Over the next five years of your life there will be all sorts of important rites of passage: you’ll go to a new school that will ask you for greater levels of responsibility. You’ll have the responsibility that comes with learning how to drive a car. When you turn 18 there will be a lot of choices, including where you want to live, for whom you will vote, what you want to try to do with your life, and what you want to become. And, all along the way, other questions will present themselves for you to figure out. You’ll face questions about the types of friends you’ll want to have, the types of relationships and whether to go along and do what the crowd is doing, You’ll have to make your own decisions about right and wrong, good choices and bad choices, choices with a moral dimension.
So, how exactly has this year prepared you for any of this? Well, we hope that your beliefs, your beliefs about right and wrong and good and bad, your beliefs about your place in the world, and your beliefs about justice and fairness will guide you as you face all these decisions and responsibilities. But, more than that, we hope that you will apply some of the same resources you used this year in thinking about big questions. We hope that you will work hard at finding good answers to the important questions and serious choices that you’ll be faced with. The questions are deep and they are hard: what does it mean to live well? What kind of person do I want to be? What responsibility do I have to help change the world?
Now remember, when we asked you to think carefully about your beliefs, we didn’t lock you in a room with a crayon and piece of paper and tell you to figure it all out by yourself. No, you thought about these questions while you were surrounded by peers, with the help of a mentor, and teachers, and religious professionals, and the members of this religious community. We provided you with resources, information about others who have asked important questions and answered those questions well. And, we encouraged you to trust your own conscience, to listen to that small, still voice inside of you.
One of the things that I hope you learned this year is that Unitarian Universalism doesn’t tell you that you can believe anything you want. You can’t believe anything you want. It doesn’t work like that. Try to believe that men and women shouldn’t have equal rights. Try to believe that it is OK for people of one race to have more rights than people of another race. Try to believe that the world is flat or that the world is only 6,000 years old. Try to believe that God will harshly punish people who belong to the wrong religion.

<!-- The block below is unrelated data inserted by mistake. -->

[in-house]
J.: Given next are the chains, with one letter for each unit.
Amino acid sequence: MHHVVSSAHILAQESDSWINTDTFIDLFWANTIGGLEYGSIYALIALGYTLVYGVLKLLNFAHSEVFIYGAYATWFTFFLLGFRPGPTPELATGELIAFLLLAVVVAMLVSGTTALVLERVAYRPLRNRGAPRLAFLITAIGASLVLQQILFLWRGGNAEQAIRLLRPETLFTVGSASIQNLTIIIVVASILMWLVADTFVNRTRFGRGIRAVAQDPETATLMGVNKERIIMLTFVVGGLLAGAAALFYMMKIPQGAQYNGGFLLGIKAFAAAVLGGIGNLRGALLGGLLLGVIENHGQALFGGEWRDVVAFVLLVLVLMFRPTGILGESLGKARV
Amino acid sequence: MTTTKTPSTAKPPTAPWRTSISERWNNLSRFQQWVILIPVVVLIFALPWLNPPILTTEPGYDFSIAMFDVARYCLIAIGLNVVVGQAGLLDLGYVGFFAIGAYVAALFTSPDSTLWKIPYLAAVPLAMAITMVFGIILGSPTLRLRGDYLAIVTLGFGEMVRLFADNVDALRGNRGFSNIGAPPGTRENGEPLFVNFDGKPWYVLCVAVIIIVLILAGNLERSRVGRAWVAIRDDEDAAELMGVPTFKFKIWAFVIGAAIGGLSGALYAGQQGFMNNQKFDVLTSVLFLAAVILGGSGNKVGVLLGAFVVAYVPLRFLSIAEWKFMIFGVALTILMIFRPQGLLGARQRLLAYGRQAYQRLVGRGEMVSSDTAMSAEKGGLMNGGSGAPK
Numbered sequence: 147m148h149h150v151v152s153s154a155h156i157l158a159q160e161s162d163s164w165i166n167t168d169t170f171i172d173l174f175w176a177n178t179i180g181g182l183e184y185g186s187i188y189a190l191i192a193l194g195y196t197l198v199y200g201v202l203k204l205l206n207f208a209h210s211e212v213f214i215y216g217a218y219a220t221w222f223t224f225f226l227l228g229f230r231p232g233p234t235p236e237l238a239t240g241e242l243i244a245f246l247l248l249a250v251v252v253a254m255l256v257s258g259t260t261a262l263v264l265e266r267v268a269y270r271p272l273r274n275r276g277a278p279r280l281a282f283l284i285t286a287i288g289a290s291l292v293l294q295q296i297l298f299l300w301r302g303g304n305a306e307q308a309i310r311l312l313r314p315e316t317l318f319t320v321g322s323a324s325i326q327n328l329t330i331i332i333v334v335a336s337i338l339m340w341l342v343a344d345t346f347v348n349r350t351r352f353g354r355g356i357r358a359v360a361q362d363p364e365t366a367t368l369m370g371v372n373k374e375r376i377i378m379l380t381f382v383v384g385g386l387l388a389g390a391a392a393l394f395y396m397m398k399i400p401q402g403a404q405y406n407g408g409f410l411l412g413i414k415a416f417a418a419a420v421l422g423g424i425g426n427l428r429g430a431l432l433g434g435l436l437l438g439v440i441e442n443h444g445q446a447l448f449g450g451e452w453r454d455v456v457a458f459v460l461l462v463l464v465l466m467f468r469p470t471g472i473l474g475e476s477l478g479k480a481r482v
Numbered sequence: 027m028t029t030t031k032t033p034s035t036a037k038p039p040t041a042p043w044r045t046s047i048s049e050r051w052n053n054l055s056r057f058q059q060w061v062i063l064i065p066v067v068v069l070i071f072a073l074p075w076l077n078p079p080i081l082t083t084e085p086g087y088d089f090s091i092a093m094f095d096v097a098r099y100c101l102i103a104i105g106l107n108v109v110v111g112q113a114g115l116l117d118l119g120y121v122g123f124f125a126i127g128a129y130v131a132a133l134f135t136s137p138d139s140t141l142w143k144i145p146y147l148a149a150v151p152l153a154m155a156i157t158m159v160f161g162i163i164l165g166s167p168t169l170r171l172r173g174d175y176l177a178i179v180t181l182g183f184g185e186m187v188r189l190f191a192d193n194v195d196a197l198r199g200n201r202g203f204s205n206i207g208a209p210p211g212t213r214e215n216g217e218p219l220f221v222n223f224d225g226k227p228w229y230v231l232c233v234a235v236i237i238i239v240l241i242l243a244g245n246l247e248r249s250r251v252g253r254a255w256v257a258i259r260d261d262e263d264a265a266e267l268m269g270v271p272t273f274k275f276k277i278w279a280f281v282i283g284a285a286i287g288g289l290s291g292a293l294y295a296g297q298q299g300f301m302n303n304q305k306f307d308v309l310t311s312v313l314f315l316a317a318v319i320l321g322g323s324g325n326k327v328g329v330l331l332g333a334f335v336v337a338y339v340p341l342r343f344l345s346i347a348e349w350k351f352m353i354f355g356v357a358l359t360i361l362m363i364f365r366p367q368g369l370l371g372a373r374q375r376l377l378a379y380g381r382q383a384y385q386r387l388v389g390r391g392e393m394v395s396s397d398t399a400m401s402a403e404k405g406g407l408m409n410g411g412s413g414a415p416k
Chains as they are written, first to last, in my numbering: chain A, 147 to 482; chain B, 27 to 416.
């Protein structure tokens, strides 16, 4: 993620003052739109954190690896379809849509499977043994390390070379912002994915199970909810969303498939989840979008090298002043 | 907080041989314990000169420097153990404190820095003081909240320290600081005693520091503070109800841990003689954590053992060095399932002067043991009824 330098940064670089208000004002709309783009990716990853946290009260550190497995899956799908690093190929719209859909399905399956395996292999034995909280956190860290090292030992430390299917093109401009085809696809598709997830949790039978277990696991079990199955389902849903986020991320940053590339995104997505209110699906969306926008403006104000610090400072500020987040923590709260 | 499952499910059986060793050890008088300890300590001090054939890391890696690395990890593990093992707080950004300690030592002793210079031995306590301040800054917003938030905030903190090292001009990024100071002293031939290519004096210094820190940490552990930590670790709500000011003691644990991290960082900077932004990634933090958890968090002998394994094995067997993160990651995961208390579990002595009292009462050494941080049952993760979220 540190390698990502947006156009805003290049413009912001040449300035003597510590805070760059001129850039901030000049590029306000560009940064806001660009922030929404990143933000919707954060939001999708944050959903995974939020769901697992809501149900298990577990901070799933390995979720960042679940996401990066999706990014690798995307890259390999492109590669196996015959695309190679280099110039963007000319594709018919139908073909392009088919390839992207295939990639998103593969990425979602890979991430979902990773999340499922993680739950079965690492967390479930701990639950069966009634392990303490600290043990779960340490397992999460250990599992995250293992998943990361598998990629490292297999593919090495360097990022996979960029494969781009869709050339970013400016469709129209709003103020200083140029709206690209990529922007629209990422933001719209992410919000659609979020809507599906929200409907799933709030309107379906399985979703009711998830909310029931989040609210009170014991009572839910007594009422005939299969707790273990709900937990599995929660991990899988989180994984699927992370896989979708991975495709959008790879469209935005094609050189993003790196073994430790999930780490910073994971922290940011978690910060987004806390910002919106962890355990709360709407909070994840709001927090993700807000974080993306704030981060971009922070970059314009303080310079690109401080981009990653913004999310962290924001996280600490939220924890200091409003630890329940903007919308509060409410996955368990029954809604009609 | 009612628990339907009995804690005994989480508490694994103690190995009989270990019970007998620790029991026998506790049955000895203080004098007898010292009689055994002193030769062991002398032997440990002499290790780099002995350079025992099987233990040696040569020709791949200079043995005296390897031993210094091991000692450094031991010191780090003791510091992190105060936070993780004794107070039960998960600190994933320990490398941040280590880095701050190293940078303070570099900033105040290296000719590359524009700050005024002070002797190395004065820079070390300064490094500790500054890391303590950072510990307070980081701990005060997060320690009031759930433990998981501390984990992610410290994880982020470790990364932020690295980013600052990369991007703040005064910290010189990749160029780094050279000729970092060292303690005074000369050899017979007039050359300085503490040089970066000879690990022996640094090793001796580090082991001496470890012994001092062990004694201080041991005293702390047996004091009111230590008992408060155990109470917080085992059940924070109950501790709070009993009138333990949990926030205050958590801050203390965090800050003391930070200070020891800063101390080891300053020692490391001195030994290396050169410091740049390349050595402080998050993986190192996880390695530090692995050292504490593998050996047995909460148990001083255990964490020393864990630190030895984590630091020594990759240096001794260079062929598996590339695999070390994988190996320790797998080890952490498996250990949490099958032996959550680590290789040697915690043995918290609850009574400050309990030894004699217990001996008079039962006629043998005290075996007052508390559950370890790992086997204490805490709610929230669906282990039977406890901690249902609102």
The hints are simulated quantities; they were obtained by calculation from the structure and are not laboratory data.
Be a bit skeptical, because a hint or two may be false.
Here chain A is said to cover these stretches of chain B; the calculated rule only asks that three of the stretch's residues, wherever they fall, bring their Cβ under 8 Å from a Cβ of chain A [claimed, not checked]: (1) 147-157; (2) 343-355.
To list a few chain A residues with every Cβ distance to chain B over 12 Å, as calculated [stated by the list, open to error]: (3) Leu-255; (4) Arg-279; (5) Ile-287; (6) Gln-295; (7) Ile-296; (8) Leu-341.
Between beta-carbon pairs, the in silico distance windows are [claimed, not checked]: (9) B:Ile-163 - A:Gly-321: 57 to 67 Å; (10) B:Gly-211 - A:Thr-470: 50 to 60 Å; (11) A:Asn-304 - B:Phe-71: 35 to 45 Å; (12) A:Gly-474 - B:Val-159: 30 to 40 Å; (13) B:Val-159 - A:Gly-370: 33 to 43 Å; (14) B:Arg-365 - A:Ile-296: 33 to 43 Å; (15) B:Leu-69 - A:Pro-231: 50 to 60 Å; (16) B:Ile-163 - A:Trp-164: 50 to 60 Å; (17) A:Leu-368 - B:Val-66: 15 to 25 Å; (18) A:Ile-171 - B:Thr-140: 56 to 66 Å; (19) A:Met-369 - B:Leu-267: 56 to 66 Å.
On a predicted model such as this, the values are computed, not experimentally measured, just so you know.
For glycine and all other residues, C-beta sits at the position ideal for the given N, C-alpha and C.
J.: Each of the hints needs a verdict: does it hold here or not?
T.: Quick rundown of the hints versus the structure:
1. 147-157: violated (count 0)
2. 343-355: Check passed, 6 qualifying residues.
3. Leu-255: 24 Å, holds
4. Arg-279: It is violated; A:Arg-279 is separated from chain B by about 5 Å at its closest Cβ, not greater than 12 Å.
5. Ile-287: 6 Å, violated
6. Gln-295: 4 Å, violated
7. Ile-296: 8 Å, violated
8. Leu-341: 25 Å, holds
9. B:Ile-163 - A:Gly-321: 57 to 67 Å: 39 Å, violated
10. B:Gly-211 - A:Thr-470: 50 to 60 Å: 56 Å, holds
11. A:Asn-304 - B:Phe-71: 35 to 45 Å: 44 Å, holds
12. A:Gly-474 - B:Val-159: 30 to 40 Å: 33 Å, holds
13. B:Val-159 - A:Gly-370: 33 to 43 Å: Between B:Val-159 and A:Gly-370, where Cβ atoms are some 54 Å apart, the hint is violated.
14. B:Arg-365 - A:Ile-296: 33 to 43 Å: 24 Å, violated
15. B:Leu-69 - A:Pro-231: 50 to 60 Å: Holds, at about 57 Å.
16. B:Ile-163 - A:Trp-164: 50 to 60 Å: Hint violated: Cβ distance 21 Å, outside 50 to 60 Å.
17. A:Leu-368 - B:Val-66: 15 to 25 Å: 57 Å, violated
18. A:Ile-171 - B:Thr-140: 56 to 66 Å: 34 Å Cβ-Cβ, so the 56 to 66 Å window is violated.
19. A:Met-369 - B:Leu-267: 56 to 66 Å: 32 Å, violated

Hopefully, you can’t believe these things. You couldn’t believe them even if you wanted to. Hopefully, your own conscience, your own sense of right and wrong, tells you that you can’t accept these things. Hopefully, you say, “That is not what I believe. I believe something else.” And hopefully, in the years to come, you will have the strength of character to say, “That injustice is not right.” “How people are being treated is not right.” “That thing you are asking me to do is not safe and is not healthy.”
You see, with Coming of Age, we are preparing you to launch. We are preparing you to launch. And, we want to provide you with a few things: a powerful blasting cap that will send you far into the mysteries of the world. But we also want to provide you with a strong parachute that will help you to land smoothly and safely. And, we also want to provide you with some fins that will help steer you in good directions for the entire duration of your flight.
We want you to launch. We do not want you to fizzle out and sit there on the launching pad. We don’t want you to explode, to begin to lift off and then crash and burn. We don’t want to pack you so full of gunpowder that you disappear. We don’t want to lose you. We care that you are Unitarian Universalists.
This launching thing, it isn’t easy. It is a difficult balance, providing enough propulsion that you will go far in life and enough steering and enough of a parachute that you will go safely.
So, as you prepare to launch, take a moment to really think about where you want the rocket of your life to take you. Think of the heroic Unitarian and Universalist women and men whose lives you studied. They worked for justice. They fought for equality. They charted a new path for themselves, doing amazing work to help their fellow sisters and brothers. Do you want your life to be like theirs?
Take a moment to think about what you’ve learned and discovered this year. What matters most deeply to you? What does God ask of you? What is asked of us as Unitarian Universalists?
You’ve come of age. You’ve entered this next chapter of your life in which you will have to answer a lot of important and crucial questions. But, you won’t have to face those questions alone.
To infinity and beyond, kids.